By Meagan Fitzgerald and Elizabeth Kuhr
See original post here.
CORK, Ireland — Artist Elinor O’Donovan draws, sculpts and creates installations, and said she feels lucky that her passion is also her profession.
“I can’t imagine not doing it,”
O’Donovan, 27, told NBC News earlier this month at her studio here in the southern city of Cork. “But it’s also a job for me.”
Until September, O’Donovan said she had to work part time as a receptionist to fund her artistic endeavors.
But then she was among 2,000 artists and cultural workers selected to participate in a basic income pilot program launched by the Irish government to receive €325 ($326) a week for three years without any constraints on how the money is spent.
Grant recipients, including visual artists, musicians, filmmakers, writers, actors and dancers, were chosen at random from a pool of more than 8,000 eligible applicants, the government said in a news release; 13 circus artists and 10 architects were also selected for the income grants.
Participants have to complete a survey every six months, which asks them about their artistic output and working hours, as well as their sleeping habits and the state of their mental health. The survey also asks about their societal participation, which can include activities like volunteering and caring for relatives. A control group of artists who did not receive funding will also be surveyed and tracked to compare results of those of received funding against those who didn’t.
The idea, which has cross-party support, originated from a 2020 report organized by Ireland’s Minister of Culture Catherine Martin, which investigated the impact the Covid-19 pandemic had on the arts.
“The pandemic reinforced the fact that each and every person relies on and leans into the arts during times of need, and every person was reminded of the true value of artists and their work during the last two years as we listened to music, read poetry and watched films to get ourselves through those difficult days,” Martin, a classical singer, said in a statement when the plan was launched.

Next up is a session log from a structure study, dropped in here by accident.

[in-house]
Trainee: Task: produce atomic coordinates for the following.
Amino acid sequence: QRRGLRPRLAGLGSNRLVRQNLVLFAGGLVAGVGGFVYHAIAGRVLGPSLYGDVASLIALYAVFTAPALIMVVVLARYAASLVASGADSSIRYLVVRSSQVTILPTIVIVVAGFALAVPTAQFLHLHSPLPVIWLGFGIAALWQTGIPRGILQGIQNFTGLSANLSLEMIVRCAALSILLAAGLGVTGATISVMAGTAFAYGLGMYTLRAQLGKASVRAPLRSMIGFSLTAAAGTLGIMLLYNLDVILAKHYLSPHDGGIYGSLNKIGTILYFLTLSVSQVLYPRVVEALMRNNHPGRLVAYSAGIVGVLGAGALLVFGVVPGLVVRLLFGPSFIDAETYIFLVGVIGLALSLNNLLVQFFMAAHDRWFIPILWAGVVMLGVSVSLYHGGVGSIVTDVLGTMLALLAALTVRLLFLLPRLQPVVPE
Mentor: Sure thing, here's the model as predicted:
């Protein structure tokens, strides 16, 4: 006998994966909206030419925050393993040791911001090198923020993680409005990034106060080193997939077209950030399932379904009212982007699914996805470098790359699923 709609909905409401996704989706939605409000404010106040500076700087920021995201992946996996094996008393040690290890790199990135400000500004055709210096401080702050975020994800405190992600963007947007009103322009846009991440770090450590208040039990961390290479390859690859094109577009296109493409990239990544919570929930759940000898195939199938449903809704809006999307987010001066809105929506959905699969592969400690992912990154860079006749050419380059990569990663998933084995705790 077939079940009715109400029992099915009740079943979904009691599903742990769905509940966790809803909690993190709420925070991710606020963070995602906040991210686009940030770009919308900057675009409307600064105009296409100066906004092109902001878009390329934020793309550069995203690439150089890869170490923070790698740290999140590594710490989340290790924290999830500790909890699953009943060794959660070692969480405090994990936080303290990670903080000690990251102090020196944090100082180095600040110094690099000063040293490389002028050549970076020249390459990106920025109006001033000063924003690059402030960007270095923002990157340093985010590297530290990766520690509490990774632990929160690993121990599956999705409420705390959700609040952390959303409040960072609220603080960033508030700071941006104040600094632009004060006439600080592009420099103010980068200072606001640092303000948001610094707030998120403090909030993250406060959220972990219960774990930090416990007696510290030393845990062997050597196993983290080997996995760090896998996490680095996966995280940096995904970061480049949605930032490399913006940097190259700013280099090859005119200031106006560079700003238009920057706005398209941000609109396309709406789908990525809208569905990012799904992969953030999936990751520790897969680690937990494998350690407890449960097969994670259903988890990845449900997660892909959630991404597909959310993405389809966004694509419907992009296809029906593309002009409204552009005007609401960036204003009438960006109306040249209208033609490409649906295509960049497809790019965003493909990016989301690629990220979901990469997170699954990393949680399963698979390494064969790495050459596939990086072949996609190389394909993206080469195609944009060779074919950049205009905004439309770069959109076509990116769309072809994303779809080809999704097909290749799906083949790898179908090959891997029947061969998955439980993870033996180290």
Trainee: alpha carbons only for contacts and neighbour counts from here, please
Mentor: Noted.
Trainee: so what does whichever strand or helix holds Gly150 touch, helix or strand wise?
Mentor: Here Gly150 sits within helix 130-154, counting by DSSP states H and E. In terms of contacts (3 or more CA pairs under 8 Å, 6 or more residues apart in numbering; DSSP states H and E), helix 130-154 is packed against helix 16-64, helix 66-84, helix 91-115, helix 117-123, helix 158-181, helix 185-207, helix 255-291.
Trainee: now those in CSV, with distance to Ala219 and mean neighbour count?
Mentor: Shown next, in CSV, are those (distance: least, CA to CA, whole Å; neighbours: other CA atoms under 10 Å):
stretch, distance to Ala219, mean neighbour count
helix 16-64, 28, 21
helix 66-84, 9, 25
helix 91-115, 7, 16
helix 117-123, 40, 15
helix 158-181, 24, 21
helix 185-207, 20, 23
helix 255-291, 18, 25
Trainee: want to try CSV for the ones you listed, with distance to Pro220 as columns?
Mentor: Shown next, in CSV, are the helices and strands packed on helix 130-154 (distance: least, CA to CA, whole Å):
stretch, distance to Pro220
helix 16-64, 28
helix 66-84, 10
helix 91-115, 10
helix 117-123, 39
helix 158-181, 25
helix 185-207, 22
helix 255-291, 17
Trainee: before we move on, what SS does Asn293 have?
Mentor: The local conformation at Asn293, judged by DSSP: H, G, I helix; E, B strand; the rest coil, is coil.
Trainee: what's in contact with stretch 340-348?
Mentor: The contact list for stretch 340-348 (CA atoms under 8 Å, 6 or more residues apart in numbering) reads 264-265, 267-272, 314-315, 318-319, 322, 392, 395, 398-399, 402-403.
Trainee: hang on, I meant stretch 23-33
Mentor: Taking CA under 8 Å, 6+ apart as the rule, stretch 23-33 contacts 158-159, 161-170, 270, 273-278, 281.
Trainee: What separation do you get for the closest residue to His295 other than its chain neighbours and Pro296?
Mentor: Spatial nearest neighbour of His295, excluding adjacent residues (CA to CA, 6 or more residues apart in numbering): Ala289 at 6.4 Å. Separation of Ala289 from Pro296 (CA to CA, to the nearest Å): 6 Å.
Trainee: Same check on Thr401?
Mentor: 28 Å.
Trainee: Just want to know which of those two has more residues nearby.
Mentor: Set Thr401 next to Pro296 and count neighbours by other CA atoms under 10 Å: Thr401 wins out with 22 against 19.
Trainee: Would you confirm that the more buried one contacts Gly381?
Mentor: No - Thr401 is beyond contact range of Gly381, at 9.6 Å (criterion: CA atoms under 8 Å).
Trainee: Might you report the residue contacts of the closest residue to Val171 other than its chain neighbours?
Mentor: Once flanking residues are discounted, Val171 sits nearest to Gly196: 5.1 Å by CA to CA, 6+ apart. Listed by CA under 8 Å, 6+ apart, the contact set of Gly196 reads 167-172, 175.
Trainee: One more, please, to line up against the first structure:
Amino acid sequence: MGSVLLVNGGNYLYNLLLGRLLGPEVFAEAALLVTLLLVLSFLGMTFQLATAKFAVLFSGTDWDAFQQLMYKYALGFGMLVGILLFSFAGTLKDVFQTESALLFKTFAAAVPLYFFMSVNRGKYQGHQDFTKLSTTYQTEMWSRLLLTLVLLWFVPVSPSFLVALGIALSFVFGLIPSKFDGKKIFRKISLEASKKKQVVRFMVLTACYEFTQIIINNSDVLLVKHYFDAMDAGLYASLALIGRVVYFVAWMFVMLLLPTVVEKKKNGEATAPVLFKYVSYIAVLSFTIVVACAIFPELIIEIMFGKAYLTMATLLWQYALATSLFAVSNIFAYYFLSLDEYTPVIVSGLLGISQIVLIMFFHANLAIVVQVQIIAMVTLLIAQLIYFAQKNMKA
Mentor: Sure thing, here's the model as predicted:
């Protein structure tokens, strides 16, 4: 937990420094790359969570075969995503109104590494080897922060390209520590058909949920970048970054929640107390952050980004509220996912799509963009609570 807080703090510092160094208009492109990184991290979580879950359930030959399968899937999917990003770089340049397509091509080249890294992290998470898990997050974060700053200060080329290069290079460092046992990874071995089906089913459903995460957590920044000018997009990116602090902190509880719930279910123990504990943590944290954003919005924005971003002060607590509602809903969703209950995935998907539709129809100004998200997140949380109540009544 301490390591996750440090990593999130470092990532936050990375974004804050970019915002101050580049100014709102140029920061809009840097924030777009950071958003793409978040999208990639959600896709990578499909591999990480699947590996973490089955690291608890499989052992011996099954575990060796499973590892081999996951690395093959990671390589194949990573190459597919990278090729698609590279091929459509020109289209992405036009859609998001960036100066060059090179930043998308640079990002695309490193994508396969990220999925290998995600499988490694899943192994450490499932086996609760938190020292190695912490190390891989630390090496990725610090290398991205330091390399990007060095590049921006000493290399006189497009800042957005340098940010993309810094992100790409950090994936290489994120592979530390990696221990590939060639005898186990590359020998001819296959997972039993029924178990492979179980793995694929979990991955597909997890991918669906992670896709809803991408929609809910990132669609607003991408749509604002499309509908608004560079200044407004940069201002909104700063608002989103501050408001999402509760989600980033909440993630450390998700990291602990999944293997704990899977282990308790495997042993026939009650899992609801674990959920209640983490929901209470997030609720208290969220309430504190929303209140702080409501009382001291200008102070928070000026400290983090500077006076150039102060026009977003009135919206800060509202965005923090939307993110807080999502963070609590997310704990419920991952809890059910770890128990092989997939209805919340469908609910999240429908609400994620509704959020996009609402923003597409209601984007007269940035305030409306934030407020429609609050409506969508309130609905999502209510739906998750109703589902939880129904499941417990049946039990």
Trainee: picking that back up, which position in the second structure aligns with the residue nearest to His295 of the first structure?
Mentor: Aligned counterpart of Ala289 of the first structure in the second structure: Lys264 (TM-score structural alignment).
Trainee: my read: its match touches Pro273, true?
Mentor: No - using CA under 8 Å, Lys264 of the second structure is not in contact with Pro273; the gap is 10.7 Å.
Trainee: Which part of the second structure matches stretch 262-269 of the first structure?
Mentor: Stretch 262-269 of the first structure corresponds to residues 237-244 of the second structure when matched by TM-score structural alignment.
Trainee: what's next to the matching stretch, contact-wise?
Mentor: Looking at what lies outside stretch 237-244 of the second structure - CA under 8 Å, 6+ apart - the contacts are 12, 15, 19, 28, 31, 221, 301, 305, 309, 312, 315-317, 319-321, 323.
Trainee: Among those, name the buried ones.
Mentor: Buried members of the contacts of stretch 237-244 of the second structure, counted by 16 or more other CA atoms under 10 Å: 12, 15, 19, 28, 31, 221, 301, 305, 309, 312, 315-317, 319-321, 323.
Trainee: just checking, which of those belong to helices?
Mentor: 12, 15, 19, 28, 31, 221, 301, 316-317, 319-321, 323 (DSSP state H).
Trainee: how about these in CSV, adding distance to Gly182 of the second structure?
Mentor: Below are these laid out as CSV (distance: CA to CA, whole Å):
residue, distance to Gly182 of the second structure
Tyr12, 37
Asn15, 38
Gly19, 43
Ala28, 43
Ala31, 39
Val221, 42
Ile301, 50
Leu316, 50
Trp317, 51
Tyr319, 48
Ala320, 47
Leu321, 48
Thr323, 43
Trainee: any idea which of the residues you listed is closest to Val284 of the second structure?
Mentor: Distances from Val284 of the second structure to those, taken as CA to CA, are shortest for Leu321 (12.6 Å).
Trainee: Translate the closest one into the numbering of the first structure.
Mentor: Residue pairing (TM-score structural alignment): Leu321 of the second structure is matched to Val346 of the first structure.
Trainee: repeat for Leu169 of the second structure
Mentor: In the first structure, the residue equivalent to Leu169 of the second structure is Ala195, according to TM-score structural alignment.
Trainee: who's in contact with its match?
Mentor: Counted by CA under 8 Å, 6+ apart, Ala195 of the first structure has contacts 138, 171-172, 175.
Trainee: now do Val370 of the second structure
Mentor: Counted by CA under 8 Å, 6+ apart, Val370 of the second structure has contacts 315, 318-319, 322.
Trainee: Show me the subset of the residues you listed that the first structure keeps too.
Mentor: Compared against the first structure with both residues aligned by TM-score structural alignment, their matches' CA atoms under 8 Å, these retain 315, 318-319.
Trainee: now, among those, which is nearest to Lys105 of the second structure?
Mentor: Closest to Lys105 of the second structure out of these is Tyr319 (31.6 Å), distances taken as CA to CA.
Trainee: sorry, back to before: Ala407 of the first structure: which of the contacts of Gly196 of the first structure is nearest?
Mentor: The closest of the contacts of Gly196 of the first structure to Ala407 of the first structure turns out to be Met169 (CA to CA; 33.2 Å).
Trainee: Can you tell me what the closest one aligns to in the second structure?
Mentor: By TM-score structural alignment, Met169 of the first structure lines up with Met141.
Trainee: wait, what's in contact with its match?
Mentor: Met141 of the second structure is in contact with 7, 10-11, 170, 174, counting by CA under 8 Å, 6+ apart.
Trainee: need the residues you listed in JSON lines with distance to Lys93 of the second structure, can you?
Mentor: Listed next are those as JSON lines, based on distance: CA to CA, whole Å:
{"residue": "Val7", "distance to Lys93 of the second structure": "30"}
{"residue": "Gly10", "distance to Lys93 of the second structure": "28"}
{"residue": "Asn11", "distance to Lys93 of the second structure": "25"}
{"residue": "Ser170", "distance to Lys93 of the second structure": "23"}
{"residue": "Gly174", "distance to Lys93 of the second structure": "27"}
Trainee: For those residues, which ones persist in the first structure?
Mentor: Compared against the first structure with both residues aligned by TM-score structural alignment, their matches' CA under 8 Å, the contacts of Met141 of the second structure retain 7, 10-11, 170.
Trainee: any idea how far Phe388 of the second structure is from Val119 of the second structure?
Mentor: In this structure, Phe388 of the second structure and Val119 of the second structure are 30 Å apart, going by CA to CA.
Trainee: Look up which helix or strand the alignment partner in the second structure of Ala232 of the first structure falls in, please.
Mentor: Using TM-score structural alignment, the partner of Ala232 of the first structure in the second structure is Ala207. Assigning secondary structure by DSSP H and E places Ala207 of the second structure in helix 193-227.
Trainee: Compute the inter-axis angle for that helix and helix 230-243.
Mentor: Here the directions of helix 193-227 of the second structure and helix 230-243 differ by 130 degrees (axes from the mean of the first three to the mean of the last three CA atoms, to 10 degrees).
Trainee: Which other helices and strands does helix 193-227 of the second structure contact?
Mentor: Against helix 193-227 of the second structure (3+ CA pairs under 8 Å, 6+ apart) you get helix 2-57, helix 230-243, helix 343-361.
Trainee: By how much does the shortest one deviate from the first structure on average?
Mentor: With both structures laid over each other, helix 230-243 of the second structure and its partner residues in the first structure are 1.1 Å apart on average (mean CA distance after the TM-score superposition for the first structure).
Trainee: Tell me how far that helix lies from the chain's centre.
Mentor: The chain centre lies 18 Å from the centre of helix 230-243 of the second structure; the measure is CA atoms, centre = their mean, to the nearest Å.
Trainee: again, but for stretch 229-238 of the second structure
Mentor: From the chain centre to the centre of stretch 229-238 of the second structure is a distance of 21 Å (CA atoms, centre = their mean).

It is one of several projects underway around the world to test the effectiveness of a universal basic income in which governments pay citizens a lump sum each month. Similar projects have been started in California, Germany and Finland.
Advocates say it can provide a level of economic security to everyone, and some see it as a potential solution to insecurity in the labor market. Its detractors have argued it gives people an incentive not to work.
Ireland relies on its artists to attract tourists and foreign investment, which fosters economic growth, according to Declan Jordan, a senior lecturer in economics at the Cork University Business School.
Jordan, a proponent of the program but not connected to it, said that the grants might allow the artists to invest the time they need to create their art or change their medium, “or they might put more effort in, become more successful.”
If artists can focus solely on their work, “that benefits society in the long run too,” he said.
He cautioned, however, that there would be “people who take advantage” of the program, which will cost almost $34 million a year on top of the $142 million that Ireland’s main arts funding body, the Arts Council, spends every year, despite statistics that show poverty rates rising.
But Jordan said he believes that’s “part of the cost you build into a system.”
The government said it would evaluate the income program regularly “to determine the impact of the grant payment,” which is well below Ireland’s average weekly earnings of about $1,000.
“What matters to people, really, is how happy they are,”
Jordan said. “That’s where we should be measuring the effectiveness of the scheme.”
O’Donovan said her professional and personal life had improved as a result of the income grant.
In April, she said she participated in an artists’ residency in Iceland, where she created her first film. She is also playing soccer, taking ceramics courses and learning Spanish.
“It’s been hugely transformative,” O’Donovan said, saying that the program had allowed her to “devote my time to my art practice and be in the studio.”